/Foodborne Illness

Foodborne Illness

What is foodborne illness?

Foodborne illness is often called food poisoning. It occurs when someone becomes ill after eating a food or drinking a beverage contaminated with a harmful substance.

What causes foodborne illness?

Not all foodborne illnesses are the same. It occurs when food is contaminated with a harmful substance, such as bacteria, virus, parasites, natural toxins, or chemicals.

Some substances cause illness within minutes, while others take several hours, days or even weeks. For example, Salmonella bacteria usually take 12-72 hours after ingestion to cause illness. So remember, it’s not always the last food eaten that caused illness. The food that caused the illness may actually have been eaten several days before the illness began.

Symptoms of foodborne illness:

Common Symptoms Frequent Symptoms Unusual Symptoms
Vomiting
Diarrhea
Nausea
Abdominal cramps
Fever
Headache
Chills
Muscle aches
Irregular Heartbeat
Flushing of skin
Difficulty breathing
Paralysis
Dizziness

Foodborne illness is not always the cause for vomiting or diarrhea. If you share a meal with someone and you both get sick, it’s likely that you are both suffering from a foodborne illness.

However, the more time you spend with another person, such as sharing the same residence or workplace, the more likely it is that you will both be exposed to the same illness. Many gastrointestinal illnesses, especially those that are viral, are not caused by food or drink.

People who work as food/beverage handlers should not handle food to be served to the public if they have specific foodborne illness symptoms or if they have been diagnosed with any illness that can be transmitted through food or food handling. Visit the Employee Health Policy webpage for more information.

What should I do if I suspect I have a foodborne illness?

You should consult your health care provider for advice on whether medical treatment is necessary. Many foodborne illnesses are short-lived and people recover without any medical treatment. However, it’s always wise to consult a health care provider if you are concerned about the seriousness of your illness. Young children, the elderly and people with poor immune systems are more likely to experience severe illness.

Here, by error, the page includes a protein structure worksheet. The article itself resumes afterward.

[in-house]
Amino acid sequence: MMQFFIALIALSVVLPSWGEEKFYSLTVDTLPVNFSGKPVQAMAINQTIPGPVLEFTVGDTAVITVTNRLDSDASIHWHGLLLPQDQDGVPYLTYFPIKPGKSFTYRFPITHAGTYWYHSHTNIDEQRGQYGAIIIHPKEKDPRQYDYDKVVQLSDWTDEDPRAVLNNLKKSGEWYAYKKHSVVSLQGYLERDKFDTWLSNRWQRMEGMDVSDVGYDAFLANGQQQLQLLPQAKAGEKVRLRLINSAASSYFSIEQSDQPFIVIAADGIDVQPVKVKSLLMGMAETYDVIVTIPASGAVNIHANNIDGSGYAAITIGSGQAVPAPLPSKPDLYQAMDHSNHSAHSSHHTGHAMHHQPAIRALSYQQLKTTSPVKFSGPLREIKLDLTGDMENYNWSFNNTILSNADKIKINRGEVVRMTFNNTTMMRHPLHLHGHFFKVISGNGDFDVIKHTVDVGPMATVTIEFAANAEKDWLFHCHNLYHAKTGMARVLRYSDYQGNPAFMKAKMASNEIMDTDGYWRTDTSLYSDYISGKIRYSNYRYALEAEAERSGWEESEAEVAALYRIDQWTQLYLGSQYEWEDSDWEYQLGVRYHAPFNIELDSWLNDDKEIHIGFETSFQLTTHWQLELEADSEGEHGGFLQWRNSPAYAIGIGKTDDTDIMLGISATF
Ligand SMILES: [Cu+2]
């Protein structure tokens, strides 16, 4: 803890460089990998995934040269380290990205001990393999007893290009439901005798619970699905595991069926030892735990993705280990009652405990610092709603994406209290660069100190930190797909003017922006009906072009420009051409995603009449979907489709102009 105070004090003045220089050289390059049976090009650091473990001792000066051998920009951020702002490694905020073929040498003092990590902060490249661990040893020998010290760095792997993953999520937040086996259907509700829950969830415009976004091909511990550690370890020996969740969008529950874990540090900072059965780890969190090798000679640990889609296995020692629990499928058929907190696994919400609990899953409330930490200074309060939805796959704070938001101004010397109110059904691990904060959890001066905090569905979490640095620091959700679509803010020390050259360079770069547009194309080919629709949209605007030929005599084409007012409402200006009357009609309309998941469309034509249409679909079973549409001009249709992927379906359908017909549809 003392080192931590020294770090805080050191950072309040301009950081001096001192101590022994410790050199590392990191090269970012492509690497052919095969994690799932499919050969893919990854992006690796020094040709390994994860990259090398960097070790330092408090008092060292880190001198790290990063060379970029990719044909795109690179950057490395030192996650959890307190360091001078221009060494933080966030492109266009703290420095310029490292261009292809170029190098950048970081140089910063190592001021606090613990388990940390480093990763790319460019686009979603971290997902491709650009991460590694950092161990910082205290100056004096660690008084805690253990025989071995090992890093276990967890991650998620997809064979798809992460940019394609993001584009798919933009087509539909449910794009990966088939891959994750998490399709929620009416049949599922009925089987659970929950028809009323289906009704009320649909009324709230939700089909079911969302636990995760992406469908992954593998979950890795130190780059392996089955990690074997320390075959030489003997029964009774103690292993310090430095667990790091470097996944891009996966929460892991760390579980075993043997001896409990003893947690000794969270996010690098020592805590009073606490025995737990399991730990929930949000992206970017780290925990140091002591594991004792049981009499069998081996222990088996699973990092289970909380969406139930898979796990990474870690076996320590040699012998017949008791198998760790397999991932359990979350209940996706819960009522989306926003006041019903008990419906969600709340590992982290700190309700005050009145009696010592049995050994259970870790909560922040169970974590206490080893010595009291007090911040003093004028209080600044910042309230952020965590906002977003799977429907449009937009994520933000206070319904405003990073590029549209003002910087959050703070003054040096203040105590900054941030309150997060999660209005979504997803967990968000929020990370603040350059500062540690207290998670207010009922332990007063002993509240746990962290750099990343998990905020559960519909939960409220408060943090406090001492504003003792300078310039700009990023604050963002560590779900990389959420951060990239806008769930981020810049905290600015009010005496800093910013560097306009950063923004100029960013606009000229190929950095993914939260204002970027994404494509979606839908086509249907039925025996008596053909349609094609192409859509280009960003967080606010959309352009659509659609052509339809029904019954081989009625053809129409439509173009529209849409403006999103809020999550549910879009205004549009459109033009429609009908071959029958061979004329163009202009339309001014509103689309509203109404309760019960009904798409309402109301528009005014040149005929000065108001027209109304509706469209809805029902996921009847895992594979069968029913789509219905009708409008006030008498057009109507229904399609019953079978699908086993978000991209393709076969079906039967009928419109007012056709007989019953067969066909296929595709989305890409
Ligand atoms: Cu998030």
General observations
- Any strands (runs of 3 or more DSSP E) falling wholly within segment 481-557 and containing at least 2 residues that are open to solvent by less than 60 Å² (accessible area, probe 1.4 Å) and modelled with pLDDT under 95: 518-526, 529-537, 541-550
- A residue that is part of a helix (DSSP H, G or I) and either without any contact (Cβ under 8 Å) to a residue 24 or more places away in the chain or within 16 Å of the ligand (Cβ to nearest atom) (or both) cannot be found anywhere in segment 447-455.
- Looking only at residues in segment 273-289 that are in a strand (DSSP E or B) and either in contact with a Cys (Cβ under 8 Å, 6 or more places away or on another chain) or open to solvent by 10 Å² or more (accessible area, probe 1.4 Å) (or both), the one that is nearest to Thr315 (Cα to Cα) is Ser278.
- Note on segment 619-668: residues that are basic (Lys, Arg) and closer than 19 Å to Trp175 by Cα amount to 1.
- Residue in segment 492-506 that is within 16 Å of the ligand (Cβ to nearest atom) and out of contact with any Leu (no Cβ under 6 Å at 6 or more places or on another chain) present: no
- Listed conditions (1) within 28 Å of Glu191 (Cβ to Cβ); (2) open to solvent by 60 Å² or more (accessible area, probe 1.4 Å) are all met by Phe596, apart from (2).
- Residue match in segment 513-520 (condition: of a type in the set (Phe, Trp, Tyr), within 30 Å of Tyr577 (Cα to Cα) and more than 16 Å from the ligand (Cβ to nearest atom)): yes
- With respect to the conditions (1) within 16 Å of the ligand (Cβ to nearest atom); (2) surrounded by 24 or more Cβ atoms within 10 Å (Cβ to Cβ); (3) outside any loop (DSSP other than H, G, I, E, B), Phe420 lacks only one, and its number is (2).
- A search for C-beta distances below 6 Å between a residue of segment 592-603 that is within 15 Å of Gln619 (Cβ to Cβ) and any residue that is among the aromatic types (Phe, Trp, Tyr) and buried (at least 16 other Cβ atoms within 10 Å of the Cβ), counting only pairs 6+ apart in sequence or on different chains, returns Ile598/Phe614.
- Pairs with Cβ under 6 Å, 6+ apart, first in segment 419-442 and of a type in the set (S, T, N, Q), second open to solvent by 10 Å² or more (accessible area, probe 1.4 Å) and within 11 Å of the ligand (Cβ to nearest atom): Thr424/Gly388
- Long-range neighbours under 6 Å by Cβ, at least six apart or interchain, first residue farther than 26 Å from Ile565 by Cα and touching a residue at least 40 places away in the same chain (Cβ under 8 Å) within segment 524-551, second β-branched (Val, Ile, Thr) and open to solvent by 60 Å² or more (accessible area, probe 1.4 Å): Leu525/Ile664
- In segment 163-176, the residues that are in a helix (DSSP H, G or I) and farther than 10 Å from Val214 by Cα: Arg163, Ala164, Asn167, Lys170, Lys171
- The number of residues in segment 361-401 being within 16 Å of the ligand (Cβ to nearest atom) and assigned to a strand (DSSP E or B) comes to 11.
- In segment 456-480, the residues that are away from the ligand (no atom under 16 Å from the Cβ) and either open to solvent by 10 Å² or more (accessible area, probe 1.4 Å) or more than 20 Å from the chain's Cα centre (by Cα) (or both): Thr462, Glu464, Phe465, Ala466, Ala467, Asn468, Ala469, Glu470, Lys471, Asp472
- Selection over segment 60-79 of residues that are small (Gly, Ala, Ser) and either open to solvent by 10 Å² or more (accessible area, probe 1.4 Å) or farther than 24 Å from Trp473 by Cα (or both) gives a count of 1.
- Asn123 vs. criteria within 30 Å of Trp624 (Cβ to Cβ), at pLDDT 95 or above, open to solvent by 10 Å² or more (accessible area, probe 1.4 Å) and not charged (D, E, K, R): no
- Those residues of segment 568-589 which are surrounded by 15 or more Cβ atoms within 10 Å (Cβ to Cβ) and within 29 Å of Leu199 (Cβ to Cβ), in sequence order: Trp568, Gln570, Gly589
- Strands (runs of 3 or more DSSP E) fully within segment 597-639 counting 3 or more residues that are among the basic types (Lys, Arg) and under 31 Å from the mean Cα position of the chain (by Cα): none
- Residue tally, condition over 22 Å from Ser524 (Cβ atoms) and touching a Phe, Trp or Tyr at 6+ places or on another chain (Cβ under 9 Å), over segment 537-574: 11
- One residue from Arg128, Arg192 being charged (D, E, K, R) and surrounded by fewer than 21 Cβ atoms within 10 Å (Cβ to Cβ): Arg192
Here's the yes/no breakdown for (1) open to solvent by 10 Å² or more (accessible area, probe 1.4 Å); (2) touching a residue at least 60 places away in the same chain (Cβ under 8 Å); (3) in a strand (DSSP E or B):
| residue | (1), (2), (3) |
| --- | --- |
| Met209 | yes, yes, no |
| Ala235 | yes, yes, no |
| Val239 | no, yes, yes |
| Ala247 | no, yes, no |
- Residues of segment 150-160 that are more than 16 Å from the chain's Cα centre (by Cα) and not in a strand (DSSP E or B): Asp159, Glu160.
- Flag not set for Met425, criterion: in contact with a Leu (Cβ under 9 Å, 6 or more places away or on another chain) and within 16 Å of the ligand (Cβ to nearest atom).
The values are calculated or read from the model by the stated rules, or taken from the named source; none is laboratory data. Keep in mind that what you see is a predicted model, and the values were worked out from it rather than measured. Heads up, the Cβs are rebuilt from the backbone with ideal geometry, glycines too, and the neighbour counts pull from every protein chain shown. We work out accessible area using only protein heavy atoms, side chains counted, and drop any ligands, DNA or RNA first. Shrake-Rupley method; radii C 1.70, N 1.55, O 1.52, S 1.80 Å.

If you see a health care provider, you may be asked to provide a stool specimen for testing. Most commercial laboratories can identify bacterial and parasitic pathogens. There are no approved commercial laboratory tests for most viral pathogens or for chemicals and toxins.

How do I report a foodborne or suspected foodborne illness?

If you believe your illness was caused by eating at a commercial food establishment (restaurant, deli or caterer) complete the Foodborne Illness Complaint Form or contact the Southern Nevada Health District, Office of Epidemiology at (702) 759-1300. Please provide your contact information, so an investigator can follow-up if more information is required.

If you believe your illness was caused by eating prepackaged foods, call the FDA at 1(510) 337-6741.

If you believe your illness was caused by eating meat you purchased at a grocery store and prepared at home, call the USDA at 1(800) 535-4555.

When you call, be prepared to answer some questions. The interview may take 10-15 minutes to complete. You will be asked to provide details about the ill person(s), what they ate during the 72 hours before getting ill, and the symptoms they are experiencing. You will be asked to describe the symptoms, when they started, how long they lasted, and if you were seen by a health care provider. You may also be asked about recent travel, pet ownership and exposure to drinking and recreational water.

Note: If you have questions or concerns about your health you should consult your health care provider.

Will I have to give my name?

You will be asked to give your name and the names, addresses and phone numbers of all ill people. You are not required to give your name. However, the more information you provide, the easier it will be for health district personnel to complete the necessary follow-up and investigation.

All information you provide will be kept strictly confidential. Identity of the person making the report and any ill persons will not be disclosed to others, including the environmental health specialist sent to inspect the facility, the food establishment or to any one else without your permission.

What happens after I file my complaint?

After the complaint is received by the Office of Epidemiology the information is assessed by a Disease Investigation and Intervention Specialist.

If the complaint meets the Southern Nevada Health District’s suspect outbreak definition the complaint(s) will be forwarded to health district’s Environmental Health Division. This division employs the environmental health specialists (restaurant inspectors) who go out to the establishment to conduct an inspection.

The inspector will review their food handling practices, including how the foods you consumed were handled and prepared. Corrective action will be taken on any food facility that is practicing food handling practices that facilitate foodborne illness spread.

What should I do if I’ve consumed adulterated food (containing an insect or other object) prepared at a commercial food establishment that did not make me sick?

Report the incident to Southern Nevada Health District Environmental Health Division at (702) 759-0588.

Where can I get more information?

For additional information on foodborne illness see the following information from the Food and Drug Administration:

Contact Information

Phone:
(702) 759-1039 or (702) 759-0889

Updated on: February 14, 2019

2019-02-14T14:31:55-08:00